They anticipated that some would compare Palin’s Alaska to Clinton’s Little Rock, although Palin, in this comparison, is the anti-establishment figure.

They anticipated that some would compare the pick to Dan Quayle, although Quayle had much more experience and never got along with Bush and was consistently undermined by Bush advisers like James Baker. Apples and oranges.

Privately, one campaign official says they were aware of several of the more scurrilous rumors about Palin making the rounds of the blogosphere, although the official declined to “dignify” them with any comment.

They’ve bragged that Palin opposed the famous “Bridge to Nowhere,” only to learn that Palin supported the project and even told residents of Ketchikan that they weren’t “nowhere” to her. After the national outcry, she decided to spend the funds allocated to the bridge for something else. Actually, maybe it’s more fair to say that coincident with the national outcry, she changed her mind. The story shows her political judgment, but it is not a reformer’s credential.

Likewise, though she cut taxes as mayor of Wassila, she raised the sales tax, making her hardly a tax cutter.

She denied pressuring the state’s chief of public safety to fire her sister-in-law’s husband even though there’s mounting evidence that the impetus did indeed come from her. Ostensibly to clear her name, Palin asked her attorney general to open an independent investigation—the legislature had already been investigating. (I am told that the campaign was aware of the ethics complaint filed against her but accepts Palin’s account.)

McCain’s campaign seemed unaware that she supported a windfalls profits tax on oil companies and that she is more skeptical about human contributions to global warming than McCain is.

They did not know that she took trips as the mayor of Wasilla to beg for earmarks.

They did not know that she told a television interviewer this summer that she did not fully understand what it is that a vice president does.

Had McCain had the time or inclination to think about all of this, he still might have picked her. Like him, she has a habit of kicking lobbyists out of her office. Like him, she has a reputation for being a blunt speaker. Like him, she has a rep for cutting spending, and unlike him, had the executive authority to do so, slashing more than 10 percent of the state’s proposed budget in 2007. Like him, she did not seem to care if she offended Republicans. She was, as he told an interviewer, a soul-mate, one he recognized over the course of a single meeting with her last week. That reinforced the sense he took away from their first encounter just six months ago.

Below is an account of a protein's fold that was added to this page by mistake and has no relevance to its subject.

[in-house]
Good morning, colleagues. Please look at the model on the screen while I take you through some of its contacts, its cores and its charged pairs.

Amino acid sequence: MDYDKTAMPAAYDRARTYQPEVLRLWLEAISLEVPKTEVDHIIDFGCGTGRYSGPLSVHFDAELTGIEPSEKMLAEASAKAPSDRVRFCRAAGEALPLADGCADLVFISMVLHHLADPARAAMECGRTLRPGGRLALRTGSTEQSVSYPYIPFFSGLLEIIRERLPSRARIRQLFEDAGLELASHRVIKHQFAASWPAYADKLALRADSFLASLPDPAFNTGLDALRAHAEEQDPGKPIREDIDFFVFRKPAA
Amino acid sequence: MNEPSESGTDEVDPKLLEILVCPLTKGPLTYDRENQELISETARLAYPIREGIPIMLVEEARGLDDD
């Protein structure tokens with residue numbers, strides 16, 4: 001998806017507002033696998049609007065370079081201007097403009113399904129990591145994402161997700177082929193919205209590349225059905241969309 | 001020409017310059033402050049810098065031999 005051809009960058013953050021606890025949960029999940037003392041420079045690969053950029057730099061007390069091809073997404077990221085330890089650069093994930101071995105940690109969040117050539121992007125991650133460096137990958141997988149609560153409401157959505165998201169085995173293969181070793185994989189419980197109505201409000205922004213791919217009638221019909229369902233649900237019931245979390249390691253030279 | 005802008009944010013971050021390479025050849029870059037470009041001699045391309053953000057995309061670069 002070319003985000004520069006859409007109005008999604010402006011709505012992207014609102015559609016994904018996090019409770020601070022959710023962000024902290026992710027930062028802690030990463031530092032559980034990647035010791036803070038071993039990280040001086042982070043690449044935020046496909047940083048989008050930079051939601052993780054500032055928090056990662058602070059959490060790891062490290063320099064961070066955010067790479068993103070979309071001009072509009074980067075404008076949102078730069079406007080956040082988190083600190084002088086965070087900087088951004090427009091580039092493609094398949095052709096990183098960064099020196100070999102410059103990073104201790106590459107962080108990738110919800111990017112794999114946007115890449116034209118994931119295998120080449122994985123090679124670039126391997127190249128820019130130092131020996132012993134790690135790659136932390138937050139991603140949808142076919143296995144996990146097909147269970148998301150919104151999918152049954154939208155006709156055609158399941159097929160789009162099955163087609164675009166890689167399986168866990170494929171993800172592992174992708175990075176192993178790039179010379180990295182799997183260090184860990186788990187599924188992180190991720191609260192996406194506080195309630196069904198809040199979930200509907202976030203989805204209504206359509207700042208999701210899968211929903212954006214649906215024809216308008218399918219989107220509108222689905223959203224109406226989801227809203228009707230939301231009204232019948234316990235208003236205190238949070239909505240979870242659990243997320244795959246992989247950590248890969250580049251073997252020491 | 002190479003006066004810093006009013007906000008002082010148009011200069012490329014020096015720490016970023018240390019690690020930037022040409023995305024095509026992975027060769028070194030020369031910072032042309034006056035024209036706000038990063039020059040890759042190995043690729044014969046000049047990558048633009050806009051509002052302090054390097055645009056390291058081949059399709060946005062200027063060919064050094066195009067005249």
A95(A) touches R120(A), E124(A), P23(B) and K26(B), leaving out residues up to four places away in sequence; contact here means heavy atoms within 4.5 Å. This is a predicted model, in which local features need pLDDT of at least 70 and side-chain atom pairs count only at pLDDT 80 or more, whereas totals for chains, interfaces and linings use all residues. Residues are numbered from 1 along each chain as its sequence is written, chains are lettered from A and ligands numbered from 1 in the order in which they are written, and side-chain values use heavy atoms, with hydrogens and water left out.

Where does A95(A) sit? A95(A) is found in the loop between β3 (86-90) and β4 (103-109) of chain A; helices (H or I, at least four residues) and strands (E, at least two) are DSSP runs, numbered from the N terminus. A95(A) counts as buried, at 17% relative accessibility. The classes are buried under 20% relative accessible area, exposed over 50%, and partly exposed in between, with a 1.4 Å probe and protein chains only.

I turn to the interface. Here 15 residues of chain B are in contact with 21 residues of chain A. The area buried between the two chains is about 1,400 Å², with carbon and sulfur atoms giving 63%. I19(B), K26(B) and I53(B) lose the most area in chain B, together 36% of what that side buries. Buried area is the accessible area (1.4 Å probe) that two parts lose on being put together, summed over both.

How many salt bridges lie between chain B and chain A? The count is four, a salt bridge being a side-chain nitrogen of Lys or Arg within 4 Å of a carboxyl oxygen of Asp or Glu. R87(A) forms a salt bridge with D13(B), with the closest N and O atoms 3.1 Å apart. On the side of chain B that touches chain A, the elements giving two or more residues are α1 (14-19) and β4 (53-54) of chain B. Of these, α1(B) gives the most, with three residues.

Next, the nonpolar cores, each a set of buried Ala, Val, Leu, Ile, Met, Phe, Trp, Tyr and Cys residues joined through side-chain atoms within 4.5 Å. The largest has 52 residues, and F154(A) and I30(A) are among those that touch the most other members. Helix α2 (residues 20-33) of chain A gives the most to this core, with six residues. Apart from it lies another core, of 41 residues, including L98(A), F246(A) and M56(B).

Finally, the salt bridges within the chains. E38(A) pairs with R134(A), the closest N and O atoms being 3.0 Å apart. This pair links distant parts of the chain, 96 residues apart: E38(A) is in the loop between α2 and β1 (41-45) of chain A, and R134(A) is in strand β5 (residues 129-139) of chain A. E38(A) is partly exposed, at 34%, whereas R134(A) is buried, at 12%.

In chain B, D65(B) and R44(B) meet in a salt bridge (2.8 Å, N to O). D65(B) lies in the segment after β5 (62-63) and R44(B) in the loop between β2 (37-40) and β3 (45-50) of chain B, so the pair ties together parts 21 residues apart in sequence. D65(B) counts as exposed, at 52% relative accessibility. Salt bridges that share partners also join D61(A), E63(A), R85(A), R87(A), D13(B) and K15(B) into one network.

The official tick-tocks that McCain and his advisers have put out, as well as some interviews with participants, really do suggest that as of early last week, everyone but McCain assumed that he would pick Mitt Romney, Tim Pawlenty, or Joe Lieberman.

On Tuesday, a senior campaign official who participated in the final discussions began to hint to reporters that the pick might be transformative in the sense that it would anger right-wing Republicans and bring McCain back to the center.

On Wednesday morning, another senior campaign official who was part of the vetting process said that McCain had not indicated who he had chosen. On Wednesday afternoon, the Politico reported that McCain had made up his mind, but it wasn’t until that evening that McCain began to tell some of his friends. Until Thursday morning, he didn’t even tell his best friend, Lindsey Graham, a staunch proponent of Joe Lieberman. (Graham has never met Palin, nor have most senior McCain campaign officials.)

Later on Thursday, a few senior officials, including senior communications adviser Matthew McDonald, were tasked with putting together a messaging operation. McDonald worked through the night crafting talking points and scheduling surrogate phone calls.

The news media was chasing its own rumor—that campaign manager Rick Davis had given Fox News’s Carl Cameron word of the pick but had embargoed it until 6:00 p.m. ET. Reporters e-mailed Cameron to find out if this was true. “Not exactly,” he wrote back. (Cameron would indeed be the first reporter to formally break the news, but he did so the next morning after hearing from a backstage source at the rally.)

Late Thursday night, the campaign began to tell some of his surrogates that the pick would upend the “conventional wisdom.” Speculation swung to Tom Ridge and Joe Lieberman. Governor Tim Pawlenty usually spends the night at his private home in St. Paul. Expecting to be picked, he camped out in the more formal governors’ mansion.

Late Thursday night, aviation buffs first noticed a curious series of out-of-the-ordinary airplane flight plans from Anchorage to Flagstaff to a small airport outside Dayton. (Why not Dayton itself? Campaigns routinely try to hide these flights by diverting them to tiny airstrips far enough away from cities and events, a practice that the Obama campaign used to good effect.)

The charter airplane was owned by a McCain donor.

Early Friday morning, most news organizations, acting based on those internet reports, scrambled to arrange feeds from their Alaska affiliates.

And Democrats began to book their researchers tickets to Alaska.